Authors(s): Harjeet Singh, Pooja Arora, Ramdayal Gupta, H. S. Lamba
Authors(s): Pooja Arora, Harjeet Singh, Ramdayal Gupta, H. S. Lamba
Curcumin as potential therapeutic natural product: a nanobiotechnological perspective
Objectives: Nanotechnology-based drug delivery systems can resolve the poor bioavailability issue allied with curcumin. The therapeutic potential of curcumin can be enhanced by making nanocomposite preparation of curcumin with metal oxide nanoparticles, poly lactic-co-glycolic acid (PLGA) nanoparticles and solid lipid nanoparticles that increases its bioavailability in the tissue.
Key findings: Curcumin has manifold therapeutic effects which include antidiabetic, antihypertensive, anticancer, anti-inflammatory and antimicrobial properties. Curcumin can inhibit diabetes, heavy metal and stress-induced hypertension with its antioxidant, chelating and inhibitory effects on the pathways that lead to hypertension. Curcumin is an anticancer agent that can prevent abnormal cell proliferation. Nanocurcumin is an improved form of curcumin with enhanced therapeutic properties due to improved delivery to the diseased tissue, better internalization and reduced systemic elimination.
Summary: Curcumin has multiple pharmacologic effects, but its poor bioavailability reduces its therapeutic effects. By conjugating curcumin to metal oxide nanoparticles or encapsulation in lipid nanoparticles, dendrimers, nanogels and polymeric nanoparticles, the water solubility and bioavailability of curcumin can be improved and thus increase its pharmacological effectiveness.
Forecasting oral absorption across biopharmaceutics classification system classes with physiologically based pharmacokinetic models
Objectives: The aim of this study was (1) to determine how closely physiologically based pharmacokinetic (PBPK) models can predict oral bioavailability using a priori knowledge of drug-specific properties and (2) to examine the influence of the biopharmaceutics classification system class on the simulation success.
Methods: Simcyp Simulator, GastroPlus™ and GI-Sim were used. Compounds with published Biowaiver monographs (bisoprolol (BCS I), nifedipine (BCS II), cimetidine (BCS III), furosemide (BCS IV)) were selected to ensure availability of accurate and reproducible data for all required parameters. Simulation success was evaluated with the average fold error (AFE) and absolute average fold error (AAFE). Parameter sensitivity analysis (PSA) to selected parameters was performed.
Key findings: Plasma concentration–time profiles after intravenous administration were forecast within an AAFE < 3. The addition of absorption processes resulted in more variability in the prediction of the plasma profiles, irrespective of biopharmaceutics classification system (BCS) class. The reliability of literature permeability data was identified as a key issue in the accuracy of predicting oral drug absorption.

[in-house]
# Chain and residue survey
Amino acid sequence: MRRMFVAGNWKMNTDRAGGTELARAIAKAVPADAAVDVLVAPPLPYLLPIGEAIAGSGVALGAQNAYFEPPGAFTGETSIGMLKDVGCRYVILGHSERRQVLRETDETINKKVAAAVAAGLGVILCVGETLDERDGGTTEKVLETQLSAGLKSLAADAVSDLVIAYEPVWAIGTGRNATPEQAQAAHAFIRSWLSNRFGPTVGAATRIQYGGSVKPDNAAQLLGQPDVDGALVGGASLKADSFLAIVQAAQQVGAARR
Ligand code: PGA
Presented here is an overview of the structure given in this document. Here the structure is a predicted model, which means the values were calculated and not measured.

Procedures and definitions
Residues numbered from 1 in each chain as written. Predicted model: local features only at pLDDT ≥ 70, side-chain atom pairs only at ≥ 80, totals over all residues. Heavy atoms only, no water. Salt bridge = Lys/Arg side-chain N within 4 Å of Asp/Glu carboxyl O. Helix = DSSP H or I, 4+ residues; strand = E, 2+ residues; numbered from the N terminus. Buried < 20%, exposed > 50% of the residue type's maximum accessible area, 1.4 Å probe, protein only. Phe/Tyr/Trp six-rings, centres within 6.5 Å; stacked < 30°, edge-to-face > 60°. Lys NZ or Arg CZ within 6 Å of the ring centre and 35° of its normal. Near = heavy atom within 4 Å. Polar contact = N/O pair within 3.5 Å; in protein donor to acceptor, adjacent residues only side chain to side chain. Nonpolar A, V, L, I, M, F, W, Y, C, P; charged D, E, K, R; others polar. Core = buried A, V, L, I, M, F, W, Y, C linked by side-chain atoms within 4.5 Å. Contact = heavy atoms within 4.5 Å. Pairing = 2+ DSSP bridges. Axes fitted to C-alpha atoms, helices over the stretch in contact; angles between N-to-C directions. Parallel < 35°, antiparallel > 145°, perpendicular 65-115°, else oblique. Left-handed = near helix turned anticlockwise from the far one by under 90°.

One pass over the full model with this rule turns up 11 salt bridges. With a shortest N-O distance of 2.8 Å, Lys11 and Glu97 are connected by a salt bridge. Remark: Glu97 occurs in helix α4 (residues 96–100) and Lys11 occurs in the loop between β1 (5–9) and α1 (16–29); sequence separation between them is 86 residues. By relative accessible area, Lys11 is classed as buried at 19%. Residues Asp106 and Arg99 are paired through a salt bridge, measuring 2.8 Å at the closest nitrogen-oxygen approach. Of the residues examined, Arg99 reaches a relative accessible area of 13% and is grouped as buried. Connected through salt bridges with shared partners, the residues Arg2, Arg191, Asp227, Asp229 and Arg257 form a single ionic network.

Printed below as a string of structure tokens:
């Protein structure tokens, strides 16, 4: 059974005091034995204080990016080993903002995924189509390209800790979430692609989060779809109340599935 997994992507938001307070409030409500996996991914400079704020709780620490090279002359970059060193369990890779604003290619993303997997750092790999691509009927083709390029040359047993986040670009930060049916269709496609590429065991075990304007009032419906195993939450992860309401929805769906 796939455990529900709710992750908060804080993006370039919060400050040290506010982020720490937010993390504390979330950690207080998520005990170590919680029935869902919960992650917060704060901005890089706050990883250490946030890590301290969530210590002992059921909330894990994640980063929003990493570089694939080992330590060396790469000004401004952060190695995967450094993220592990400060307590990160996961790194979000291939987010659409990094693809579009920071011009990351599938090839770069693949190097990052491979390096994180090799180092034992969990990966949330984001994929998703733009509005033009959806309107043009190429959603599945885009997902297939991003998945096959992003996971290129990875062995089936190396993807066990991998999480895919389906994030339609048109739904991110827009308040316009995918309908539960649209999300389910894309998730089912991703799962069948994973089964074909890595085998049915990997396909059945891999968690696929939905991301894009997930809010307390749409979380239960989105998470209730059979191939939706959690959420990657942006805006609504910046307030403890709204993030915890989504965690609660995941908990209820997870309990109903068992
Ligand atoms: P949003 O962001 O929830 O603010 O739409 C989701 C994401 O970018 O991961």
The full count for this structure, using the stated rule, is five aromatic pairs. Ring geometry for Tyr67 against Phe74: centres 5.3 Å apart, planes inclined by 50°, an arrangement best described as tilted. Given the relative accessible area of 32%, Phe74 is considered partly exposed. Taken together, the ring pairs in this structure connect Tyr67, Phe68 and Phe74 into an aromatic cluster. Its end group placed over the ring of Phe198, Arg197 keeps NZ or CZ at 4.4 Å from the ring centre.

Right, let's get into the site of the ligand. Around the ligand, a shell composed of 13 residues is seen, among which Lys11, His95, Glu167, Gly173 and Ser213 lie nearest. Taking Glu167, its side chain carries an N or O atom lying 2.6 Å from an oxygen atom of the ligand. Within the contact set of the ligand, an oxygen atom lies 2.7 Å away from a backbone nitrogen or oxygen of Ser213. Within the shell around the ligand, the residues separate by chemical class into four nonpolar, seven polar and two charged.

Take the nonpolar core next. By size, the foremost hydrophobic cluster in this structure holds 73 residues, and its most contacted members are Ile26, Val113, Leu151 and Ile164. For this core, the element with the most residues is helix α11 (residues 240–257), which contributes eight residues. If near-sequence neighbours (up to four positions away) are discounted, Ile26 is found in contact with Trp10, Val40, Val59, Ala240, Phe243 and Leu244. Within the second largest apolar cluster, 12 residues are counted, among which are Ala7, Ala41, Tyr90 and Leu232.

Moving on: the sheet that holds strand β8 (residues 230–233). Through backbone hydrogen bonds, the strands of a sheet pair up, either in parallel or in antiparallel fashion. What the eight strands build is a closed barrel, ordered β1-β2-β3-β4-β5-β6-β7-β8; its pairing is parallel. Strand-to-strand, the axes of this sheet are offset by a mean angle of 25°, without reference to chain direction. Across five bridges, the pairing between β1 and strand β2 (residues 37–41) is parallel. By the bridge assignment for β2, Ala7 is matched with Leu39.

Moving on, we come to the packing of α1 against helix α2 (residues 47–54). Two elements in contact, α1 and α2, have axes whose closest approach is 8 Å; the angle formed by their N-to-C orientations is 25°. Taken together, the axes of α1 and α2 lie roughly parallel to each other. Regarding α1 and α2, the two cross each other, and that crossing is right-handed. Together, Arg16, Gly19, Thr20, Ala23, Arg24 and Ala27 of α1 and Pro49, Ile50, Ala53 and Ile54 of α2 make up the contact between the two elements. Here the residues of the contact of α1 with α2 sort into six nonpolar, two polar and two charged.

Conclusion: For the four drugs studied, it appears that the forecasting accuracy of the PBPK models is related to the BCS class (BCS I > BCS II, BCS III > BCS IV). These results will need to be verified with additional drugs.
A comparative study of the hypolipidaemic effects of a new polysaccharide, mannan Candida albicans serotype A, and atorvastatin in mice with poloxamer 407-induced hyperlipidaemia
Objectives: We evaluated the hypolipidaemic effect of mannan Candida albicans serotype A, relative to atorvastatin, in a mouse model of hyperlipidaemia.
Methods: Mannan serotype A was investigated in vitro and in vivo to determine its effects on macrophage proliferation, nitric oxide (NO) production by cultured macrophages, serum and liver lipids, changes in liver morphology and serum chitotriosidase activity and its expression in the liver.
Key findings: Mannan serotype A stimulates the macrophage proliferation and NO production in murine peritoneal macrophages in vitro. The activity of serum chitotriosidase (an enzyme released from the activated macrophages) was found to be significantly increased in P-407-induced hyperlipidaemic mice pretreated with low-dose mannan compared with mice administered P-407 only. Mannan treatment in mice was shown to significantly increase the chitotriosidase expression in the liver of both non-hyperlipidaemic and P-407-induced hyperlipidaemic mice. Lastly, mice pretreated with mannan before the induction of hyperlipidaemia with P-407 showed a significant reduction in the serum concentration of atherogenic LDL cholesterol, total cholesterol, triglycerides and liver triglycerides.
Conclusions: It is suggested that mannan serotype A, like β-glucan, may represent another hypolipidaemic agent, which could potentially be used as an adjunctive therapy with conventional antihyperlipidaemic drugs (statins and fibrates) in humans.